3. Try this for a change: américain nature/ américain préparé.

You are peckish and feel like ordering a sandwich. Why not follow the example of lots of Belgians and have a sandwich with américain nature or américain préparé?

This is a variation on the steak tartare I mentioned in my article about 10 Belgian foods you really need to try. So yes, américain nature is basically ground raw beef. You can find it in any butcher shop and lots of sandwich shops sell sandwiches with américain nature. But just like with the steak tartare, some people avoid it, because of health concerns.

Américain préparé, on the other hand, is basically américain nature mixed with pepper, salt, ketchup and/or mayonnaise, Worcestershire sauce, mustard and finely chopped onion. As a result, this variation has a spicier taste. I like both, but some people stick to one variant only.

4. Or why not maatjes?

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If you think that raw fish is only typical of Japanese culture, think again! We Belgians – and Dutch and Germans for that matter – consume it as well.

First of all, what are maatjes? They are actually brined young herring. Since we are talking about young immature herring, they are only available during certain months of the year, usually from the month of June. We usually eat them with finely chopped onions, although this not a necessary ingredient. Belgians consider maatjes to be a snack or a light lunch.

Pickled herring is widely available as well. Another variation is called rolmops, which is also popular in other areas in Europe and in the USA. This is pickled herring filet, which is rolled into a cylindrical shape. Inside, you will find a savoury filling such as onion or a spicy olive. You can find most variations in a fish shop or a supermarket.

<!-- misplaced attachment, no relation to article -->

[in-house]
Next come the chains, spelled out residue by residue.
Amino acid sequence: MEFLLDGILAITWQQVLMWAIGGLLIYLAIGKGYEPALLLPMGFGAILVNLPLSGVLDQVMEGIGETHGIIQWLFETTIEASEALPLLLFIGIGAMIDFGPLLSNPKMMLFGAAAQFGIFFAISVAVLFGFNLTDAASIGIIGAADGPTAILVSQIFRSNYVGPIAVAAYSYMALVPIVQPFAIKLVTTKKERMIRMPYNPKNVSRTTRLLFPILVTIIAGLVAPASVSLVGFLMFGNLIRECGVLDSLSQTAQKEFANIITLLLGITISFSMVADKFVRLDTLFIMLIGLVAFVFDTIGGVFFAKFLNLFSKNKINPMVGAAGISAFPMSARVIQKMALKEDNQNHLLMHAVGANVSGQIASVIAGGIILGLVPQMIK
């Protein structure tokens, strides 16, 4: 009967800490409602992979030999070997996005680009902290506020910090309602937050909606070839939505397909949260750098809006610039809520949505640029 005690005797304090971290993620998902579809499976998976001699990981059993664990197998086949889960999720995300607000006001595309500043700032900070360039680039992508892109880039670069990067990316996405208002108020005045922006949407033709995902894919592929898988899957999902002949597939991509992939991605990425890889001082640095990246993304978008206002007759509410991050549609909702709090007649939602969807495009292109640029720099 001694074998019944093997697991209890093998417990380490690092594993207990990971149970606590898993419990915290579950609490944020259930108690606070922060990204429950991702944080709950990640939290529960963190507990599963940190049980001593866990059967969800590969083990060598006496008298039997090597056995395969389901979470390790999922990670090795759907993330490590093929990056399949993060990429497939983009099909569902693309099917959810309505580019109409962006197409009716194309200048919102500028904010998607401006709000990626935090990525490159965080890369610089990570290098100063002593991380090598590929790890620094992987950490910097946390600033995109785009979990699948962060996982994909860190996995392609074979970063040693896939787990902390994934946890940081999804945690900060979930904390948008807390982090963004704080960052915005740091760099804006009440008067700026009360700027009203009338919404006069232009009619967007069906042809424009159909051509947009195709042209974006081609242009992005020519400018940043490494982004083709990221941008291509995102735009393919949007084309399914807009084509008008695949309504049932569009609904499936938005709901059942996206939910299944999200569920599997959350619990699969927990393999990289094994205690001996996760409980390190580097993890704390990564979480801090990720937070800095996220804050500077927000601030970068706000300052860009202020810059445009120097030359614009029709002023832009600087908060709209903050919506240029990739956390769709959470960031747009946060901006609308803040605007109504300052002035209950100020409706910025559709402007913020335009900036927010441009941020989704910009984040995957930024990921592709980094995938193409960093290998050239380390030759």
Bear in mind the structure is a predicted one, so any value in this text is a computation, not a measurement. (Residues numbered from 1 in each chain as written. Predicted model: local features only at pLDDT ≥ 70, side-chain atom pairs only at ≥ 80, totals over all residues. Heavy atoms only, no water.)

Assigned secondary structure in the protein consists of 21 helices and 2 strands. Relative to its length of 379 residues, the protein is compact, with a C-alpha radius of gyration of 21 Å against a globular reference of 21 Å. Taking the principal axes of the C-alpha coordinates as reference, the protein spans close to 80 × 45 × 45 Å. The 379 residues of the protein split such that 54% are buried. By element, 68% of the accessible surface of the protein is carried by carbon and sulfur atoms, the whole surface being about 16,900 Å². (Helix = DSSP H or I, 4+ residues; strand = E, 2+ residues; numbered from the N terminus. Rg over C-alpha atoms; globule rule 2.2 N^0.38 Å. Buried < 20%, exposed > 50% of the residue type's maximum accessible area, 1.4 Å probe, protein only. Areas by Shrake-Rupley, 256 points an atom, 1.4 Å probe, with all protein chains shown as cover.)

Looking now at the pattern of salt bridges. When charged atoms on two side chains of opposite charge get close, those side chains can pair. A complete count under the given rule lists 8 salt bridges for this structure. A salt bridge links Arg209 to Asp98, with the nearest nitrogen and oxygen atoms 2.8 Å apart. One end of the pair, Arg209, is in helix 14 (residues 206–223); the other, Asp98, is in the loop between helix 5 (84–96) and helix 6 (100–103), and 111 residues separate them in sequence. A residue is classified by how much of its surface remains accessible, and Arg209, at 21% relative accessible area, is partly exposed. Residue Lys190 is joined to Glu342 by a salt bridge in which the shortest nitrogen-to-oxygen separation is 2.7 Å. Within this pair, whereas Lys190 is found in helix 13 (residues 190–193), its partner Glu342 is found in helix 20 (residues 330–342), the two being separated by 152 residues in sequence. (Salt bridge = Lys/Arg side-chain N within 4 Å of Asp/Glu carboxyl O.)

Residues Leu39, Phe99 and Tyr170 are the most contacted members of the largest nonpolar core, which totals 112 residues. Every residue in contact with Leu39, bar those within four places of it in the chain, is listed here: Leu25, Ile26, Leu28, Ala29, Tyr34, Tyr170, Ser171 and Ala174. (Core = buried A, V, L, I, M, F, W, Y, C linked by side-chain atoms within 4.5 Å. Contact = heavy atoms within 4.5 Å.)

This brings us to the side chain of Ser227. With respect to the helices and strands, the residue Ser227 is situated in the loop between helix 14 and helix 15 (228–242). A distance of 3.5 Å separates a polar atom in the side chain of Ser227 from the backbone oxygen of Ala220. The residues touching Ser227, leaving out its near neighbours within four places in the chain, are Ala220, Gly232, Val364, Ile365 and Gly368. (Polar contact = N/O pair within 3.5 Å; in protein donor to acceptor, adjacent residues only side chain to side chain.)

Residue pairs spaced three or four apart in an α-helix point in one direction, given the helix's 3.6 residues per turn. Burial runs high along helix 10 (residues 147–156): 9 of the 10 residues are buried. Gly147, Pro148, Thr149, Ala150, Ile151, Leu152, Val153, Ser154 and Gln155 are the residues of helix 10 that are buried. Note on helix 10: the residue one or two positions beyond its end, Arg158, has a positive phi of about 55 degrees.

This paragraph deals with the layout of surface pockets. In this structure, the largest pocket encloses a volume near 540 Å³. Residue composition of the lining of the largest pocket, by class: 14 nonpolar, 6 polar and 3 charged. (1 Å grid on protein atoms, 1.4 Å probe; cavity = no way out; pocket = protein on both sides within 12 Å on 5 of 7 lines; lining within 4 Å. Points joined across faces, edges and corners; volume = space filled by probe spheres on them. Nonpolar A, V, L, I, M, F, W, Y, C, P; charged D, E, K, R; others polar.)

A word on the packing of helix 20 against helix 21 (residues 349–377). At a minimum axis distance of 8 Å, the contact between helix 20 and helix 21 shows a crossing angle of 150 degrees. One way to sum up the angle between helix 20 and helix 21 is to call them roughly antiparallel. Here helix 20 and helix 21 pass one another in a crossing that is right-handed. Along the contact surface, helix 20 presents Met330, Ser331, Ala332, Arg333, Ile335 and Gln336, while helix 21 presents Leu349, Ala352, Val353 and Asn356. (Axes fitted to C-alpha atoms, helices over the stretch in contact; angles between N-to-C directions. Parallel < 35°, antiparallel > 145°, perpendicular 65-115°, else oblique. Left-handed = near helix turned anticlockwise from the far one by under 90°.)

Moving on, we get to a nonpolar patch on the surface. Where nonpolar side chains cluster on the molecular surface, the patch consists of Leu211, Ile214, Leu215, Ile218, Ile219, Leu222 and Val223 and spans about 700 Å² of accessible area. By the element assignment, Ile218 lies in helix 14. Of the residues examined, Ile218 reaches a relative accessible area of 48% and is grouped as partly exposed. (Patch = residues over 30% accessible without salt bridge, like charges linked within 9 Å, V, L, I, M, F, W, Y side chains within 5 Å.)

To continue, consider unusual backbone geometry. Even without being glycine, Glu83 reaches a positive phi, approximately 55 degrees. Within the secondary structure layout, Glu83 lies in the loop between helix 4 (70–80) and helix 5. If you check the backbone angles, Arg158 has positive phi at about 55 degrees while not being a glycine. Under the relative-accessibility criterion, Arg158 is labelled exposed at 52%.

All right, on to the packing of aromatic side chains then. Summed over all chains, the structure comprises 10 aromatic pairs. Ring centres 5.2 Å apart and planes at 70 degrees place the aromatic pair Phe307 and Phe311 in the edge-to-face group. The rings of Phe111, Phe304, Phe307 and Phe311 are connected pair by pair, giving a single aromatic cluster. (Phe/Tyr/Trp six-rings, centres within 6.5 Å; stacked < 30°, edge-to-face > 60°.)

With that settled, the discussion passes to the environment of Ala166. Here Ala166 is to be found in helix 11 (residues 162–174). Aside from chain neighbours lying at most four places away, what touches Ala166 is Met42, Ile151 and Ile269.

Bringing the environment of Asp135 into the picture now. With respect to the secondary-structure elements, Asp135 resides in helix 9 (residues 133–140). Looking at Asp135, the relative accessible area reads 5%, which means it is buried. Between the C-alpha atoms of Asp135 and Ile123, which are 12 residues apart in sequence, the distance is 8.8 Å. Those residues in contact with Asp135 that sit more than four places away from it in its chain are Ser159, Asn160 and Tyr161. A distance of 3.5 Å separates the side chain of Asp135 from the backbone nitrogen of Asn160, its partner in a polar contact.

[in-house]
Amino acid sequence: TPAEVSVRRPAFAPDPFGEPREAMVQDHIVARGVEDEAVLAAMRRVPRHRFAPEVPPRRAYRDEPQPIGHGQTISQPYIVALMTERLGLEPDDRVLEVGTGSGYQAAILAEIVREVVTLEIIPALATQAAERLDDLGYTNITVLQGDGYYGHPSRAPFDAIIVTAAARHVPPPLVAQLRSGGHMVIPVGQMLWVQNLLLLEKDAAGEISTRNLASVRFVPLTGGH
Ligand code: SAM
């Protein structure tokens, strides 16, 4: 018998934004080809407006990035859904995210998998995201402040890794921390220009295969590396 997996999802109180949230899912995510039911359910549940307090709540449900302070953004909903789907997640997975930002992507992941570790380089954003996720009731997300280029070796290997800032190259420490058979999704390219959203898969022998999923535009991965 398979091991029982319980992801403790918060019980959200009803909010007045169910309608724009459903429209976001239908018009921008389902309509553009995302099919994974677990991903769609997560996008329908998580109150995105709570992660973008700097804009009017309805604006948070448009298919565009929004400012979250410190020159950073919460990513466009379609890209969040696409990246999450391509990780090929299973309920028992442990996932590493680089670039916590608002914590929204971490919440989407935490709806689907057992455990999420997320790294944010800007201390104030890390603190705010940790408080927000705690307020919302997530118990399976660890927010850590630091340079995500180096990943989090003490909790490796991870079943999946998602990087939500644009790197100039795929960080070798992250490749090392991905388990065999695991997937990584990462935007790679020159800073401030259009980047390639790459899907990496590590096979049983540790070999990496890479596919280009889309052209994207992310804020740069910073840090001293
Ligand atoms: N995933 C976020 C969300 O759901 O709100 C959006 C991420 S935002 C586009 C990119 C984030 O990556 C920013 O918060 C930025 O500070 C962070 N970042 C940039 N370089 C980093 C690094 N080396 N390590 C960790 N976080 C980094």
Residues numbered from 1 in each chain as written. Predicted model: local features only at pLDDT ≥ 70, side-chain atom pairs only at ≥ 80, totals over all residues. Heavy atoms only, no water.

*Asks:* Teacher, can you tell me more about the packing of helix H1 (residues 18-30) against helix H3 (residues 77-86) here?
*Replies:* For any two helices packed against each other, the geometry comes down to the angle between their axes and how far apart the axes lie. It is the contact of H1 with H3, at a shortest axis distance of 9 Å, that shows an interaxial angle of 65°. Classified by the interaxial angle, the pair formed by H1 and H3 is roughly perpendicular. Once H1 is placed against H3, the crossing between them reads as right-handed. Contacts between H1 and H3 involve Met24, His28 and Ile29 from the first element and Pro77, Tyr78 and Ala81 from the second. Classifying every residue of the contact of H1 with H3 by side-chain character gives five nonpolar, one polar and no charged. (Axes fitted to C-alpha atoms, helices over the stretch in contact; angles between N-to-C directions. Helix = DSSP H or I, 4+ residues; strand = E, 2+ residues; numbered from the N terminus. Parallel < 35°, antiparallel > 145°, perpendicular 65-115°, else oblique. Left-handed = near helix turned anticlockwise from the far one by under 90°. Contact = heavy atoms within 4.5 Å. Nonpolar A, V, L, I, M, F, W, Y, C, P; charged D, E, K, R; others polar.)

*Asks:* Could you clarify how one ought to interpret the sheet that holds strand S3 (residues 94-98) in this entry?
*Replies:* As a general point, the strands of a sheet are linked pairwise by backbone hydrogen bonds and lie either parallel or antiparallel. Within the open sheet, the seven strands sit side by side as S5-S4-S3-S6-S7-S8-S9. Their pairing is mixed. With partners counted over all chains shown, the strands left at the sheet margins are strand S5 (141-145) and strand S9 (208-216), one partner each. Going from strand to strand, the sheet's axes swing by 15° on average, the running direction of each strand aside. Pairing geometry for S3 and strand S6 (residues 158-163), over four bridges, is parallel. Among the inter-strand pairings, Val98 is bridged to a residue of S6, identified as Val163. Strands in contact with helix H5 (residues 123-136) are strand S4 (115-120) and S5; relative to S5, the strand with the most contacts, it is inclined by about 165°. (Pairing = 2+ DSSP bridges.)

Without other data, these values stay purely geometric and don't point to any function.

5. And last but not least: grapes

This entry might actually surprise you. In general, grapes are cultivated for the production of wine. And I don’t know if you are aware of this, but there is a small area in Belgium where wine is produced! But in this article, I refer to grapes that you can actually eat.

These grapes are grown in a limited number of towns, just outside of Brussels. We are talking about large grapes, with a deep blue, almost black colour. They are juicy and quite sweet, which adds to their popularity. Most people buy them at markets or in their local supermarket, where they tend to be quite expensive.

There is actually a way to avoid this. If you happen to be driving around in Belgium, pay a visit to towns such as Hoeilaart or Overijse. Along the road, you will find stalls where you can find the same quality of grapes, but at a lower price.

About Ingrid Dendievel

Ingrid Dendievel is a Belgian teacher, blogger and photographer. She loves to travel with her Danish fiancé, and they both enjoy tasting local foods and drinks. You will never see her without her Nikon D7100.